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Zaiqa is the real deal for Pakistani food

By ANDREW Z. GALARNEAU
News Food Writer
Published:November 23, 2011, 2:31 PM
 
Zaiqa owner Masud Qazi, left, and Pakistani chef Abdul Haji roast chicken and kabobs in the tandoor oven imported from London.

When you walk in the door at Zaiqa, you enter a room lined with buffet dishes, and suffused with the smells familiar to Indian food aficionados: cardamom, coriander, browned onions, fresh bread.

Since I walked in knowing next to nothing about Pakistani food, education was the order of the day. Owner Masud Qazi, who I talked to after eating, said there are Pakistani dishes on menus in Western New York, but his is the only traditional Pakistani place. It draws customers from Syracuse to Erie, Pa., plus locals.

*****

ZAIQA

(3 out of four pennies)

"A spicy meat-lover's dream"

WHERE: 3054 Delaware Ave. (877-7797)

*****

Zaiqa's dinner buffet features more than 35 dishes, more than half meaty and the rest vegetarian, freshly baked bread and dessert for $10.99, it's hard to resist the urge to go exploring.

After two visits, I'd say Pakistani cuisine, Zaiqa style, is spicier than the average local Indian buffet -- slightly "hotter" and more spices in general. There's more emphasis on meat, too, whether stewed in curry gravies, charcoal-grilled or tandoori-roasted.

There's plenty of dishes with Indian analogs, like the tandoori chicken, marinated in spices and herbs and charred gently in the tandoori oven. There's reshmi kababs, ground meat blended with spices, herbs and chilies before being molded into cylinders and grilled on skewers. There's beef curry, hunks of short rib stewed in a spicy gravy until falling apart.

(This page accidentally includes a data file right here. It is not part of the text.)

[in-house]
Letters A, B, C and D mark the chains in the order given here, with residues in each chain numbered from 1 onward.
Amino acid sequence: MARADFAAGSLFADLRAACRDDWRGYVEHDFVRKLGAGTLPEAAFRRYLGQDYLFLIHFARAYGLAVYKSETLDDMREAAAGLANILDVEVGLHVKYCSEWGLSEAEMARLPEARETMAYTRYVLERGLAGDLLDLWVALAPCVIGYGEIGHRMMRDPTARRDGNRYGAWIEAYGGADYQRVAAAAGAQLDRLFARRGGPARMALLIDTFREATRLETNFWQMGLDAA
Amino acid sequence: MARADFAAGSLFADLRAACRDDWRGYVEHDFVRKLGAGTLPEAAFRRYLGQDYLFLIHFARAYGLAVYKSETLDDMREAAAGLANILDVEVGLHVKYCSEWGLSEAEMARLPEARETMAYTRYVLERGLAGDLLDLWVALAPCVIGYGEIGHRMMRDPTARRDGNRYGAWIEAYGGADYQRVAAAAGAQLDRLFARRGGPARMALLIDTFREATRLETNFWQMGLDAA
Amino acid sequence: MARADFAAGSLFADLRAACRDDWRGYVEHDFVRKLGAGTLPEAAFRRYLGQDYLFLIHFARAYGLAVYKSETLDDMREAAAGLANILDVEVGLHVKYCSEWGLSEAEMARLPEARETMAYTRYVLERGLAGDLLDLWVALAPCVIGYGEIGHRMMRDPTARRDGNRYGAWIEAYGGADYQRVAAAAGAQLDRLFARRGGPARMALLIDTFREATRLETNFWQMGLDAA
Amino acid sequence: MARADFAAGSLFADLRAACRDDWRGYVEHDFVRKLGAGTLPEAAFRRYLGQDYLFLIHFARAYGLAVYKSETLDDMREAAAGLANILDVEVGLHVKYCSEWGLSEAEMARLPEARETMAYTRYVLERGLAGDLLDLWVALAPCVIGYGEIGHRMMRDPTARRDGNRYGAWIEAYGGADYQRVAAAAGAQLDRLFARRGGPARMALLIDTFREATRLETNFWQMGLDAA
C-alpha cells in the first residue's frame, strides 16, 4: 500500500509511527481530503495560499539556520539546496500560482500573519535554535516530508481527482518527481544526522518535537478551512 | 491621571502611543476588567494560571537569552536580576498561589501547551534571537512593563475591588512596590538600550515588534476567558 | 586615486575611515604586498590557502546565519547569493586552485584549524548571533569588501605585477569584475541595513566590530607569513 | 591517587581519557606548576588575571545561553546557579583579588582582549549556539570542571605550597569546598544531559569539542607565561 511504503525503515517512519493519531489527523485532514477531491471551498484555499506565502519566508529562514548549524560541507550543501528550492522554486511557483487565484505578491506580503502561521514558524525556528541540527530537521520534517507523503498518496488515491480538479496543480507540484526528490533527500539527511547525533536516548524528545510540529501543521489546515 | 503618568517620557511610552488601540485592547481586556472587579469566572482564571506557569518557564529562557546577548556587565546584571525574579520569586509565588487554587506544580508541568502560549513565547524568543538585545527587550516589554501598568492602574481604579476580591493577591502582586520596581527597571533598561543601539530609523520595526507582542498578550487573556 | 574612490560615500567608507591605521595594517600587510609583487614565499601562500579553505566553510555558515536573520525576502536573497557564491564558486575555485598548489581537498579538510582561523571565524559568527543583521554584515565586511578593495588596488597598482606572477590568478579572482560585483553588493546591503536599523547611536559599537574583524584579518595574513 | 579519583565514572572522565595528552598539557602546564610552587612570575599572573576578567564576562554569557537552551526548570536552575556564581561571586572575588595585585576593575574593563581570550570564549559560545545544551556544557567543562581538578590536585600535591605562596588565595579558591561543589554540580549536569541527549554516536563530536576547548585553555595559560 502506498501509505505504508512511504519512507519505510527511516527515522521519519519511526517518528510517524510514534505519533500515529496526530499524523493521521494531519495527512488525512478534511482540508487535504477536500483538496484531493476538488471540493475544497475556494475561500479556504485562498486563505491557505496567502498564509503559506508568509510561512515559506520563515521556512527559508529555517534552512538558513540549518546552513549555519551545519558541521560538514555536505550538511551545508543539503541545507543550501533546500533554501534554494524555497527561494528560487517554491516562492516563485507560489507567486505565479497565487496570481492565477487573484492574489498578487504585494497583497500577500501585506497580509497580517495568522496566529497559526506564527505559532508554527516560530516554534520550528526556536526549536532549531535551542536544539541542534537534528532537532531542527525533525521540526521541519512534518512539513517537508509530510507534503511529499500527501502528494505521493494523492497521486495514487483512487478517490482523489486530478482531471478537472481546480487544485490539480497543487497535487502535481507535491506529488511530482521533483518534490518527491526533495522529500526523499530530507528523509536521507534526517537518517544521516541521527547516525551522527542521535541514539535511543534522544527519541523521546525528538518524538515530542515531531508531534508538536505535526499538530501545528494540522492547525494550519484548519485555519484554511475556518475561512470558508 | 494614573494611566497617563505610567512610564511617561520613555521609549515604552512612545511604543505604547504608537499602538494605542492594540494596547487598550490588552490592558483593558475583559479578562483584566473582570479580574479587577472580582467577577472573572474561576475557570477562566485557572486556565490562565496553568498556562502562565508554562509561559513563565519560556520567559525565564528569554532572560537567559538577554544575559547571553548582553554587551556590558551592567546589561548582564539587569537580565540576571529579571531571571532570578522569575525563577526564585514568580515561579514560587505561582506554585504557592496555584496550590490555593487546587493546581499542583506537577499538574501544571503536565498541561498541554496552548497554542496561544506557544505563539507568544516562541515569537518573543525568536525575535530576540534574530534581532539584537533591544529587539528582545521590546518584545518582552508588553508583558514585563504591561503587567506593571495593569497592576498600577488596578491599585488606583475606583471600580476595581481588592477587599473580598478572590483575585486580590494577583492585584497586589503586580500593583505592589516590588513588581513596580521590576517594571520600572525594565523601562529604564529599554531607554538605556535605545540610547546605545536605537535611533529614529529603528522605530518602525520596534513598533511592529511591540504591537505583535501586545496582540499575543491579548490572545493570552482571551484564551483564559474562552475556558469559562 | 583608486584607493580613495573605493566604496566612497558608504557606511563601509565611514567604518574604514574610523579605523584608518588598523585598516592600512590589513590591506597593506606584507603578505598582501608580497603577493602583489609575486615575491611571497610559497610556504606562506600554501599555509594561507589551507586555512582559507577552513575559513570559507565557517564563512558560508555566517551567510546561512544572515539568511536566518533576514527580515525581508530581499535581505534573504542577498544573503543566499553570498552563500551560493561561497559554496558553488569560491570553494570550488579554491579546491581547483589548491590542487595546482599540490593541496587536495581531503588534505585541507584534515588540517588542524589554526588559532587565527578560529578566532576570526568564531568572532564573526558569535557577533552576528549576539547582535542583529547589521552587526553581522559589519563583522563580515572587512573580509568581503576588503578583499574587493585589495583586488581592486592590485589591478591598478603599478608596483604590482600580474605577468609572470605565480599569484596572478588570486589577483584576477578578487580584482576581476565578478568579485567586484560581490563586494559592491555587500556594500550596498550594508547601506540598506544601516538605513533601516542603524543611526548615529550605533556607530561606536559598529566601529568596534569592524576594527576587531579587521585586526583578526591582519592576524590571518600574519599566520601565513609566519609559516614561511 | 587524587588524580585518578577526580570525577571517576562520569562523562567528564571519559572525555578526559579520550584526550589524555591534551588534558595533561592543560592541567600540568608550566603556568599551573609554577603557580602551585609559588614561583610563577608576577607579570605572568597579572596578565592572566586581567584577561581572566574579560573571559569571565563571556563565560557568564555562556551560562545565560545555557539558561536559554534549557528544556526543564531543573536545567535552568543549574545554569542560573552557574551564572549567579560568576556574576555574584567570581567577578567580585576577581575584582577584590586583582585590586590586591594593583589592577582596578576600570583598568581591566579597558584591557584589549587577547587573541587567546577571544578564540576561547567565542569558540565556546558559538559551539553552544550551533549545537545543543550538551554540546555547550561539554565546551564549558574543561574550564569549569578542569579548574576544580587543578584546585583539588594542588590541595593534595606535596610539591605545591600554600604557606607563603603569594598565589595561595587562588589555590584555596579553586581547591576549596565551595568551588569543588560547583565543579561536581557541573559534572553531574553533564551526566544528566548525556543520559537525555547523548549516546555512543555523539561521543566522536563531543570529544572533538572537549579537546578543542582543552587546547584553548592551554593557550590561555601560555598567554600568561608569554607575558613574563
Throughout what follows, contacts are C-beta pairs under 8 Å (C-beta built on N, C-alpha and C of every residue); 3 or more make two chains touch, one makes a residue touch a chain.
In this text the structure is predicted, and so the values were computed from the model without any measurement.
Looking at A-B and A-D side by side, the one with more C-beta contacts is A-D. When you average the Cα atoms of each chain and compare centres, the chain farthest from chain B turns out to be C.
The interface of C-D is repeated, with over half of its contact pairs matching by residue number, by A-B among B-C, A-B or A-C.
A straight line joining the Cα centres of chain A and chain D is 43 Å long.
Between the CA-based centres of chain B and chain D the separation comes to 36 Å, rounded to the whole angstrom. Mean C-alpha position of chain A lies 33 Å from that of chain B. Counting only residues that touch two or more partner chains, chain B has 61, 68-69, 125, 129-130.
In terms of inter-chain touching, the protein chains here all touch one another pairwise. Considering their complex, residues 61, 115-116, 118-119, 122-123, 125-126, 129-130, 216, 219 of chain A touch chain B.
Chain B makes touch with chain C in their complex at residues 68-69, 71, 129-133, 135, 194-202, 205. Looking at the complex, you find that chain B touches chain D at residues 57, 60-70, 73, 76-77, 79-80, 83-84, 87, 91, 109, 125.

The differences aren't apparent until you look a little closer.

Here's nihari, big chunks of beef that fall apart under the fork, like Pakistani pot roast. Haleem is a velvety stew of lentils, beef, cilantro and chilies. A third traditional Pakistani favorite, said Qazi, is paye, or stewed lamb shank and foot in a spicy gravy, thick with gelatin.

I tried all three, and adored the nihari, liked the haleem, and decided that full enjoyment of the paye would require more bone-gnawing than I prefer.

A curry dish of chicken meatballs and whole hard-boiled eggs was aromatic and satisfying. The reshmi kababs, made of chicken, with ground green chilies and whole coriander seeds for texture, were moist and flavorful, despite their time on the steam table. Shami kabob, despite looking like a donkey pellet, is a tasty, mild patty of chicken ground with lentils.

Another highlight was the crusty, warm naan sprinkled with sesame seeds and richer for being made with milk and cream instead of water.

The buffet's rice dishes, biryanis and pulaos, were basic but acceptable. The vegetable dishes, like lentils, chick peas, and mixed vegetable curry, were decent, too. The rice pudding, one of four desserts, hit the spot.

How traditional is Zaiqa? Besides using halal meat, in accordance with Muslim practices, the restaurant also offers customers the use of prayer rooms, men separated from women, in an adjoining space.

I tried everything I could fit, in two visits, and still never got to the nonbuffet menu, to the lamb chops ($10.99) and tandoori barair, or quail ($4.99), marinated in mint and cilantro before grilling.

What are those like? I look forward to adding to my education soon.

agalarneau@buffnews.com

 
http://www.buffalonews.com/entertainment/gusto/cheap-eats/article645796.ece
 

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